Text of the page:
The Modern Hymnal: An interview with Keith Getty
Together the Gettys and the community of musicians with whom they work are revitalizing the church by providing this generation with robust and moving church music.Over the past decade or so, the Protestant church in North America has experienced a revival of sorts. The revival of which I speak is the renaissance of hymnody. I first encountered this movement to resurrect the ancient hymns of the church in 2009 when a band called Page CXVI released an album entitled “Hymns.” With the clear intent of “making hymns accessible and known again,” countless musicians have repurposed, rearranged, or revamped the great hymns of old. Preeminent among these are Keith and Kristyn Getty.
Standing on the shoulders of giants, the Gettys have distinguished themselves as leaders in the hymnody revival. Though they are among the vanguard of artists reintroducing the church to her musical heritage, they are perhaps best known for their original compositions like “In Christ Alone” (penned by Keith Getty and Stuart Townend). Together the Gettys and the community of musicians with whom they work are revitalizing the church by providing this generation with robust and moving church music.
The following interview of Keith Getty was conducted via email.
KA: I’ve heard you describe your calling as that of a “steward” of the great hymns of the church. Can you unpack this a bit?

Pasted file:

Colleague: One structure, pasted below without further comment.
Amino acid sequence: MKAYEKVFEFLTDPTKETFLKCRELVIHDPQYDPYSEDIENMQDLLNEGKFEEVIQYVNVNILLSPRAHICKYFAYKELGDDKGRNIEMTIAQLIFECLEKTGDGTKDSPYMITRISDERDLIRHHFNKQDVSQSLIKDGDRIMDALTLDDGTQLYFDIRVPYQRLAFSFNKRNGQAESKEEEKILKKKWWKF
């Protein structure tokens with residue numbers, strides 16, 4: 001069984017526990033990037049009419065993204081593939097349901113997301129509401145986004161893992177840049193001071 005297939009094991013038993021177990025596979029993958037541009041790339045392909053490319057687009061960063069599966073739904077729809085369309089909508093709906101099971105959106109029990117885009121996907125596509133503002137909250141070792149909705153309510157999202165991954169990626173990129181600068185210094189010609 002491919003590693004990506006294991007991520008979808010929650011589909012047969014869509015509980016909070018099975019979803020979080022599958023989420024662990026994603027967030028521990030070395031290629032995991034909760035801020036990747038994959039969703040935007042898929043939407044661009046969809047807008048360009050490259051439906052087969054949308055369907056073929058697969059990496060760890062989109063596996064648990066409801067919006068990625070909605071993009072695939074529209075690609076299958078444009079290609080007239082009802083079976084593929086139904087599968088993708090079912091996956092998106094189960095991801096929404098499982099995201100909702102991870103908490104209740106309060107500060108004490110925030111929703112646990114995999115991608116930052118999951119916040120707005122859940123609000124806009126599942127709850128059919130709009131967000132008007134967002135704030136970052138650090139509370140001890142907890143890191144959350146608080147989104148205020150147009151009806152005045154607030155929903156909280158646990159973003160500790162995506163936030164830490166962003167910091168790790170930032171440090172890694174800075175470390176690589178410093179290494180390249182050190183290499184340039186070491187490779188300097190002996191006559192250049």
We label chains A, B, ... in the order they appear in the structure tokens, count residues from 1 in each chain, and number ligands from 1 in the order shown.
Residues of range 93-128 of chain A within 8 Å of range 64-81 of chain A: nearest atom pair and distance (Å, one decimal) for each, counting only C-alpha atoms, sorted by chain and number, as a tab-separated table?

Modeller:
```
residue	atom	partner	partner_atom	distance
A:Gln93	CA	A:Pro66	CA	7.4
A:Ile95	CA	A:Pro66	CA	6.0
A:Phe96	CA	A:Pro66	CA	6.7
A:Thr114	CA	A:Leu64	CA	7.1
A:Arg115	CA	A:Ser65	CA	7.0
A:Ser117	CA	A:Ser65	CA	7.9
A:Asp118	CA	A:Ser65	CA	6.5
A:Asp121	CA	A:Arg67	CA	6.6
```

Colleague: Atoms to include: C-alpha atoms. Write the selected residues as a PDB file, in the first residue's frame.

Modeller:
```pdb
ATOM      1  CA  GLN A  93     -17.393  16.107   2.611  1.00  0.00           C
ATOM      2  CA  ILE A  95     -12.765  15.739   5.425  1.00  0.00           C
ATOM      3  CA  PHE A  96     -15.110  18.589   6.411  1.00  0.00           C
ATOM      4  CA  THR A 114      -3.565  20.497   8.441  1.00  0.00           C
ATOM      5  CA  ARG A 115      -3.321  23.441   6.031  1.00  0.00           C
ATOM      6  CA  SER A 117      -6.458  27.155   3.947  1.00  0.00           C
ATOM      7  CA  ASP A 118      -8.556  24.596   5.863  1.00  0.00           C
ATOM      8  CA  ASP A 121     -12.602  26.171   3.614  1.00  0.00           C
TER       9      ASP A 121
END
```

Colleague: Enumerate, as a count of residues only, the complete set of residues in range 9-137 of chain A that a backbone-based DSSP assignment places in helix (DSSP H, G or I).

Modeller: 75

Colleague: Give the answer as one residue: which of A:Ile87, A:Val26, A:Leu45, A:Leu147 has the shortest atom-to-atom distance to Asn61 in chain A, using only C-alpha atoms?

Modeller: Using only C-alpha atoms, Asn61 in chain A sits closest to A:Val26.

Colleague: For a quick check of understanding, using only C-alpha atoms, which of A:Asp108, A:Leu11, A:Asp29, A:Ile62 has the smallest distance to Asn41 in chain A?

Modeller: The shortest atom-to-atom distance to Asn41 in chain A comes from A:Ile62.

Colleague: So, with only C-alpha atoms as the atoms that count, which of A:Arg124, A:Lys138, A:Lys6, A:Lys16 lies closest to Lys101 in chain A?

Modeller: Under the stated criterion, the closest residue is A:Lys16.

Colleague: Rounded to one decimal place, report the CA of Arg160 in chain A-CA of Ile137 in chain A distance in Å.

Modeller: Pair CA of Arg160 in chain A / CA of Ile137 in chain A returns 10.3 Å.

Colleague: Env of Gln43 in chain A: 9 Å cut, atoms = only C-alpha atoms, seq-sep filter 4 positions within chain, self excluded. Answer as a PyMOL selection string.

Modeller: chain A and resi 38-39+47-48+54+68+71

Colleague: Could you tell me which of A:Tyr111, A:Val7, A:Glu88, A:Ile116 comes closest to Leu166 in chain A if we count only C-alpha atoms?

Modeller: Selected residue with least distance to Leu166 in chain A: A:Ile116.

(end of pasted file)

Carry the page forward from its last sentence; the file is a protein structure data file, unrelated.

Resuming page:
KG: We are hymn-writers and stewards of those hymns, but part of that wider responsibility is pointing people to all songs that they can carry with them through life, whether they are old hymns or new.
KA: Who are your top three favorite hymn writers? Why do you favor these three?
KG: Martin Luther, Cecil Frances Alexander, and Charles Wesley.
Luther because he rebirthed a vision for reforming the church through the preaching and singing of the Word and had the courage to take time out of his life to write, collate, and inspire others. Wesley because for every hymn I’ve ever written on any subject he has a better one! Alexander, because she took her Irish heritage and wrote for her local church and realized that Christian catechizing through hymns begins at a young age.
KA: What is your all-time favorite hymn? Why?
KG: St. Patrick’s Breastplate because it is the essence of Christianity, the essence of poetry, and because it’s lasted 17 centuries.
KA: Contemporary Christian music is sometimes criticized for being uncreative and shallow, especially when compared with the great hymns of the church. What are your thoughts on this? Can you offer any thoughts on why modern church music doesn’t quite pack the punch of an Isaac Watts or Charles Wesley?
KG: I think there are two things. In defense of church music, we are comparing what was written yesterday against the very best 0.1% of what was written in Church History. However, my concern is that the values have changed in the world of church music.
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